OMAHA, Neb — The star of the show for Michigan this postseason has been its starting pitching.
Wolverine coach Erik Bakich knows that junior left-hander Tommy Henry, junior right-hander Karl Kauffmann and sophomore right-hander Jeff Criswell give him the best chance to win. But by using Criswell and Henry out of the bullpen, it’s put the rest of Michigan’s pitching staff out of work. When they play again on Friday, the last time any relievers pitched will have been 11 days ago when redshirt junior left-hander Ben Keizer threw two innings to send the Wolverines to Omaha.
There’s a reason that Bakich’s first choice out of the bullpen is one of their weekend starters. In the postseason, Michigan’s relievers have been anything but consistent.
The early season closer, freshman right-hander Willie Weiss, lost control of his fastball and slider, recording 32 walks in just 38 innings. Against Creighton in the NCAA Regional, the bullpen gave up a three-run lead in the ninth inning — eventually allowing seven runs in the ninth inning to force a deciding game the next day.
Besides the rise of Keizer, who took over the closer role, almost the rest of the bullpen have followed the same trend as Weiss — struggling against the better competition faced in the postseason and forcing Bakich to almost exclusively use his starting pitchers.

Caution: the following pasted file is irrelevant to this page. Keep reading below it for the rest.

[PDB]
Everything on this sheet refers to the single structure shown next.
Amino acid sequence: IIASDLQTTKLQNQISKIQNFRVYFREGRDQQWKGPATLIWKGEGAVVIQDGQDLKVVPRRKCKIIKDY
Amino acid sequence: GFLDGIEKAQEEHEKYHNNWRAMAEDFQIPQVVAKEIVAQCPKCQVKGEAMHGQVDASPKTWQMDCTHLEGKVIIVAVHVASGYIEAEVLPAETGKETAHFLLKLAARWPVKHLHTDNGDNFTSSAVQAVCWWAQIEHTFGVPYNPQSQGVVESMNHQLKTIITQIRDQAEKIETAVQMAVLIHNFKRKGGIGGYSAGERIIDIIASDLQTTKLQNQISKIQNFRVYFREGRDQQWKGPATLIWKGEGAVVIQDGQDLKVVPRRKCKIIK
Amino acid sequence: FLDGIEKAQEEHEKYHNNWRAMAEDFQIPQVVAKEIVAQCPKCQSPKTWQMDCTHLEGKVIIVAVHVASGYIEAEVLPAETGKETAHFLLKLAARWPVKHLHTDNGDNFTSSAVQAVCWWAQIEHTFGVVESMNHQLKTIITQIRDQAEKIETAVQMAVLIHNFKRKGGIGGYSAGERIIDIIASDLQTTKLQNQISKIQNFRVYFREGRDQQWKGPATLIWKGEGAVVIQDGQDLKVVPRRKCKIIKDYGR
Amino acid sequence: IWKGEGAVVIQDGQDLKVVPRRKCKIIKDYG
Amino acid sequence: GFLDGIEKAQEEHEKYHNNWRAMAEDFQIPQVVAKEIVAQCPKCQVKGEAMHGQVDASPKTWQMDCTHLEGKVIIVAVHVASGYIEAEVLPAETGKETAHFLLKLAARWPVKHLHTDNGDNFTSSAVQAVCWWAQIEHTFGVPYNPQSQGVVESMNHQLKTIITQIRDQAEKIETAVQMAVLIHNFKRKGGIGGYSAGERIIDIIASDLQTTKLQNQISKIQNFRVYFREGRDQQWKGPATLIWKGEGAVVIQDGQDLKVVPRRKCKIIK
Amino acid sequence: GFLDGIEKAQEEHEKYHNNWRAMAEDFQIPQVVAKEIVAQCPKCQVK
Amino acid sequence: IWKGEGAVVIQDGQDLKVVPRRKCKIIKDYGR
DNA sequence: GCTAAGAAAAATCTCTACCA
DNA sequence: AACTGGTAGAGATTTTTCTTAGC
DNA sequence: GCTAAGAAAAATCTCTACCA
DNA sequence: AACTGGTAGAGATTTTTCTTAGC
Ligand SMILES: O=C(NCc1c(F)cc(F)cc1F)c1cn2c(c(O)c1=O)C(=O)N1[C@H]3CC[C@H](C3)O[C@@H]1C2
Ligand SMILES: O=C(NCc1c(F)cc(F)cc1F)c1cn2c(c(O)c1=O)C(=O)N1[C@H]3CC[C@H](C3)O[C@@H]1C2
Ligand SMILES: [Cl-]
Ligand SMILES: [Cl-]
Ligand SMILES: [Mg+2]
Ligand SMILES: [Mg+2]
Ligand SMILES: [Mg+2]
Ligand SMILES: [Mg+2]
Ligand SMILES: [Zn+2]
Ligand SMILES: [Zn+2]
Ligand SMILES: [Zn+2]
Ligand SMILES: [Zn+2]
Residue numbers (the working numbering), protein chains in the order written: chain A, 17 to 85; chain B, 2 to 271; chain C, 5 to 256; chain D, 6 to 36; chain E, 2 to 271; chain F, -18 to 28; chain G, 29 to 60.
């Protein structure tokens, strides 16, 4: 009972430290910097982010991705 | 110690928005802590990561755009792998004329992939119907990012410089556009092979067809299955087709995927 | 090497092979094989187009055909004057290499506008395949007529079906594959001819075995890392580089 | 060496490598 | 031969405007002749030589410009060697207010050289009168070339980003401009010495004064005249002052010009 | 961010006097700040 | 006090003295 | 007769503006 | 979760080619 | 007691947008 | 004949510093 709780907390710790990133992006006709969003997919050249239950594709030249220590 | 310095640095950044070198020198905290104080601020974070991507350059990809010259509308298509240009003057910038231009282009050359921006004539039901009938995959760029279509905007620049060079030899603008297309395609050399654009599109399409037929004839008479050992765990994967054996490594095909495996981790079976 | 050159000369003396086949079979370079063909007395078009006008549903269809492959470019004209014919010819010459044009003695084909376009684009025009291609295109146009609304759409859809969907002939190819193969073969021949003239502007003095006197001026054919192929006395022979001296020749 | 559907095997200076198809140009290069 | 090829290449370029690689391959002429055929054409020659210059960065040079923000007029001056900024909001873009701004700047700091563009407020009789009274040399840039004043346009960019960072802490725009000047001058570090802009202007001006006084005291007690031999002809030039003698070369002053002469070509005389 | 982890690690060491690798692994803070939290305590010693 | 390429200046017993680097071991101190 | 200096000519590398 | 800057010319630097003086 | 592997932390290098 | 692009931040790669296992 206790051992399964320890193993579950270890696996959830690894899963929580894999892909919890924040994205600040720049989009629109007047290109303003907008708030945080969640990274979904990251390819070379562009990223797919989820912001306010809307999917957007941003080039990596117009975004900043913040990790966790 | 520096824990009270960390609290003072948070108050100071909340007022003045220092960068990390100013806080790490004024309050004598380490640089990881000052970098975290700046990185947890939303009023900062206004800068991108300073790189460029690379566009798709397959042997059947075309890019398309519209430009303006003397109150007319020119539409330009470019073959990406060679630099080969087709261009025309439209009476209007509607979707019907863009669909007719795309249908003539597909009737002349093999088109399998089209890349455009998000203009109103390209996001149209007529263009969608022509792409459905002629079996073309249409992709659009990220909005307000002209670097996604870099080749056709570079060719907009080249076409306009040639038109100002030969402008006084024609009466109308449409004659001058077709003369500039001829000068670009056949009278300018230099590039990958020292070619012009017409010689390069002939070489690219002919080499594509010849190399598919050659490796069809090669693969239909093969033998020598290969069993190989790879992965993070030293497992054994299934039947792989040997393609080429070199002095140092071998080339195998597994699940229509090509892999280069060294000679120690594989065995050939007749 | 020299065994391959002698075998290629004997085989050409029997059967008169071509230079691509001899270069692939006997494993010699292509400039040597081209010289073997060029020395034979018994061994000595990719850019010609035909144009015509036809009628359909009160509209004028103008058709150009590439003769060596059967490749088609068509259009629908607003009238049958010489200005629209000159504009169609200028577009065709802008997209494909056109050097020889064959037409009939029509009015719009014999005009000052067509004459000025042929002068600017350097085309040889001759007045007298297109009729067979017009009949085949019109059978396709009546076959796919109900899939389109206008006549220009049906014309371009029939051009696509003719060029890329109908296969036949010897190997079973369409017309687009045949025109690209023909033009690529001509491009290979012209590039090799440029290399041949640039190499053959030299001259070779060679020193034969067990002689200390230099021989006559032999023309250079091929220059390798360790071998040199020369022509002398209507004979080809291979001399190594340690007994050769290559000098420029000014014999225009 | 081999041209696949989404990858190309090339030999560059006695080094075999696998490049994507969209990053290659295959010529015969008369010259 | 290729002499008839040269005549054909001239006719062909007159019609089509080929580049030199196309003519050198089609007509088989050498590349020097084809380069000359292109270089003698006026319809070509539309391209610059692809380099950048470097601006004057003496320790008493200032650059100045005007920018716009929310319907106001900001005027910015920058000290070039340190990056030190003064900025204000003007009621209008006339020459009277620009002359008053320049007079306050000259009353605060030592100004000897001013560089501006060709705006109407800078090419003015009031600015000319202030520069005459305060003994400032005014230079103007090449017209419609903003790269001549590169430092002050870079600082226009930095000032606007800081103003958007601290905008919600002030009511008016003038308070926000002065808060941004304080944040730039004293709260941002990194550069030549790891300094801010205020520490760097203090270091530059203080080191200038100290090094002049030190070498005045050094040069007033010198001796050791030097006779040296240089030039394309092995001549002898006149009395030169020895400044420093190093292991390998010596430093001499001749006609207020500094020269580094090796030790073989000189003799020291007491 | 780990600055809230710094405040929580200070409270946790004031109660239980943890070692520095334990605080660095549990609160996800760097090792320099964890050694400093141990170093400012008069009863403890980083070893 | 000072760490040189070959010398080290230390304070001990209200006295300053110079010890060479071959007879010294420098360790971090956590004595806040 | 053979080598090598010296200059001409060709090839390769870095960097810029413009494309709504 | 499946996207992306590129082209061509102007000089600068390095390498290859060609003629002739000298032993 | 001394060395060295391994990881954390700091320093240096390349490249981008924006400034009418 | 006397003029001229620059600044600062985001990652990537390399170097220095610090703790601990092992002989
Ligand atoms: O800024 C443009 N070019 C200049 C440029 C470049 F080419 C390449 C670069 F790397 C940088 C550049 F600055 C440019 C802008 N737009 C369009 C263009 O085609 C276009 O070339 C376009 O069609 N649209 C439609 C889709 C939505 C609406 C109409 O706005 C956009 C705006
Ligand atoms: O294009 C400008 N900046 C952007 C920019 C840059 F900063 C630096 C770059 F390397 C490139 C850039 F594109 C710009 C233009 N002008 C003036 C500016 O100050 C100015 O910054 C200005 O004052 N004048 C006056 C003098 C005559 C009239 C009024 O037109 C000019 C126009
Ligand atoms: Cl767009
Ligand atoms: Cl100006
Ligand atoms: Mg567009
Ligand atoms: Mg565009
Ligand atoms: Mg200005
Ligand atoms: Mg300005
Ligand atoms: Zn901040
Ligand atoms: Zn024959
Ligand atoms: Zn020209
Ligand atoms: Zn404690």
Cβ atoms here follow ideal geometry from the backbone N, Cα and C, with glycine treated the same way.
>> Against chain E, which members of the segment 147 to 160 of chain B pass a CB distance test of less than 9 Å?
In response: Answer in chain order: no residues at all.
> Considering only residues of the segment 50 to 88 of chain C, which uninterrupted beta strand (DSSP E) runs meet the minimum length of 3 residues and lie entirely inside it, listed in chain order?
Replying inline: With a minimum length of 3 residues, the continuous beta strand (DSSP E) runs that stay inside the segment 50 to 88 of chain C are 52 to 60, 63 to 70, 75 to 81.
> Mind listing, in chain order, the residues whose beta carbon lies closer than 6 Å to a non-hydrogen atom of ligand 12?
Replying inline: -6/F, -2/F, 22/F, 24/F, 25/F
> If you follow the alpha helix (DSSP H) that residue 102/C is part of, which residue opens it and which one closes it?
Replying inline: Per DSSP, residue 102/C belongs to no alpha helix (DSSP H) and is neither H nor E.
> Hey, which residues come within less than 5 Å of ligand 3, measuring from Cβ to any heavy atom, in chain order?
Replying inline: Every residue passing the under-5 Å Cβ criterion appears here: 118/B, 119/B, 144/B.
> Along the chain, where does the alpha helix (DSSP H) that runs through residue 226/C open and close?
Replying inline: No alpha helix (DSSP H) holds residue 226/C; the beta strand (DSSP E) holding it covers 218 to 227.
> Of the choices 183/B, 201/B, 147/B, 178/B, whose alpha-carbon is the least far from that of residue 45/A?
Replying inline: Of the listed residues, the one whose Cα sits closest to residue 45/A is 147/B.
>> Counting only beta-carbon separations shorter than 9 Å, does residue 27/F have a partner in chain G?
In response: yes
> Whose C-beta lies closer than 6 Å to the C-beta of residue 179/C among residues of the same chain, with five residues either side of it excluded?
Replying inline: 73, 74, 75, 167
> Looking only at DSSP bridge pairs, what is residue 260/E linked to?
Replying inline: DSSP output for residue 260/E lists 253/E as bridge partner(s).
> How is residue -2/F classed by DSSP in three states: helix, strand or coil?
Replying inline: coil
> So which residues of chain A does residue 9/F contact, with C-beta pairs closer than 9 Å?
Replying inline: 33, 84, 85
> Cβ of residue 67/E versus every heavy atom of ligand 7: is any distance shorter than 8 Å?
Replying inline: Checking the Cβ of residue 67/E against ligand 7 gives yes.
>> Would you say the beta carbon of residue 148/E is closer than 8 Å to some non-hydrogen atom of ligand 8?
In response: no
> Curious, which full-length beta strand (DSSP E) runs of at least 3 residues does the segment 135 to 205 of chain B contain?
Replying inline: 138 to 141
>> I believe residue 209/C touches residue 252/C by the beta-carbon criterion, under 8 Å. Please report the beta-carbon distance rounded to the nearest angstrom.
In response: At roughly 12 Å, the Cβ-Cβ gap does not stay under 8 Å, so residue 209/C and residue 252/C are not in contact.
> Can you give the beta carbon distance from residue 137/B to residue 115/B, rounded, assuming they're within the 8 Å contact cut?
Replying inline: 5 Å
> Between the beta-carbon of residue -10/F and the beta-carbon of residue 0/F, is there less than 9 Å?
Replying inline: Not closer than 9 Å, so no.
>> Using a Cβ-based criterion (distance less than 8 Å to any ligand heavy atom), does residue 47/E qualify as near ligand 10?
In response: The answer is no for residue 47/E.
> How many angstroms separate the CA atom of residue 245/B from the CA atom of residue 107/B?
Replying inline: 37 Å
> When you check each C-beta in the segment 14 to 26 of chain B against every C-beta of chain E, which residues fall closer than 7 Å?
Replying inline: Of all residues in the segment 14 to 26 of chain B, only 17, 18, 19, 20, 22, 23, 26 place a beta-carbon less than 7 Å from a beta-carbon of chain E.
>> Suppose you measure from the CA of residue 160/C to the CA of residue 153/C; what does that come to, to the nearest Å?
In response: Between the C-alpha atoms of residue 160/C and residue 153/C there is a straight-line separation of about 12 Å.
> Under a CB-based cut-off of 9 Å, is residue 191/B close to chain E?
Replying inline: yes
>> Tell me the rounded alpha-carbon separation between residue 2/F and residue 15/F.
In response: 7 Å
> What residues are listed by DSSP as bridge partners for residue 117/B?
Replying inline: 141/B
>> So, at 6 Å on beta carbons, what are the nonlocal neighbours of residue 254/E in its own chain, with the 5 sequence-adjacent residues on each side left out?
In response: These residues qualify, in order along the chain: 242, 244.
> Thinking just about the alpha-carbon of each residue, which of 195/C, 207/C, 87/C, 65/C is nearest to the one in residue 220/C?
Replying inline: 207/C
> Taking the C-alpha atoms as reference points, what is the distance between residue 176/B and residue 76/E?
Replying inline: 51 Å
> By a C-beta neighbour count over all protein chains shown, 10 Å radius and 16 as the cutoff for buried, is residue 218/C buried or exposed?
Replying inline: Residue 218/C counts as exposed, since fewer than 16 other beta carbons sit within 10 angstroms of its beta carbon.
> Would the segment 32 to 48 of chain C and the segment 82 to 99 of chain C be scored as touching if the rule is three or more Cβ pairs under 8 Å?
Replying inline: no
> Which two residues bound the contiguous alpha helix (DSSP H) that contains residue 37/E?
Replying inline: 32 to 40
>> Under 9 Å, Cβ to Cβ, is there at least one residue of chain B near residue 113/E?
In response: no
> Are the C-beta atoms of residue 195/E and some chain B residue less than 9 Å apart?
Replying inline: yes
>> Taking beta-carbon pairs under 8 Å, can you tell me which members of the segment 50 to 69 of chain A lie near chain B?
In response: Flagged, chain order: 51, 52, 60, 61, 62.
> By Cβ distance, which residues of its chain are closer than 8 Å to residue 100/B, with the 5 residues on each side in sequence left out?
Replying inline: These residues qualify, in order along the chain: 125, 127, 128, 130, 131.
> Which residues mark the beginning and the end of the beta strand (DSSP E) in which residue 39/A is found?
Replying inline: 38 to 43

“It’s one of those things where the tournament kinda set up in a way that if we took care of our business on the mound, we would be able to have a pretty good run at this with how good our starting pitching has been lately,” said pitching coach Chris Fetter.
But the format won’t long support that strategy as the time between games shortens and pitchers get less rest.
So when Criswell or Henry or Kauffmann isn’t available to pitch out of the bullpen, will there be rust? Will they be unfazed against the best teams they’ve played all year, in front of 25,000 people?
“We know our number’s going to be called at some point,” Keizer said. “It’s just staying ready, staying focused, trying to do whatever we can to stay fresh every day and just hoping that our staff as a whole can put up zeroes.”
Added Fetter: “It’s not a problem in my eyes that maybe the bullpen has not been getting work this week, it’s that our guys have been taking care of business. So we’re well rested and ready to go, it’s a great problem to have.”
Bakich also believes his bullpen will be ready when called upon.
“They’ll be ready when their number is called,” Bakich said. “Mentally they’ll stay sharp. They’ll do a lot of visualization and different mental game exercises to keep their focus, even though they’re not having time out on the mound.”
For the relatively young bullpen — three of the six usual suspects are freshmen — it’ll be a test in patience and focus. But if junior left-fielder Christan Bullock and freshman second baseman Riley Bertram’s substitutions into the lineup the last three weeks have shown anything, it’s that they are always prepared to make a difference, no matter how long they’ve been off the diamond.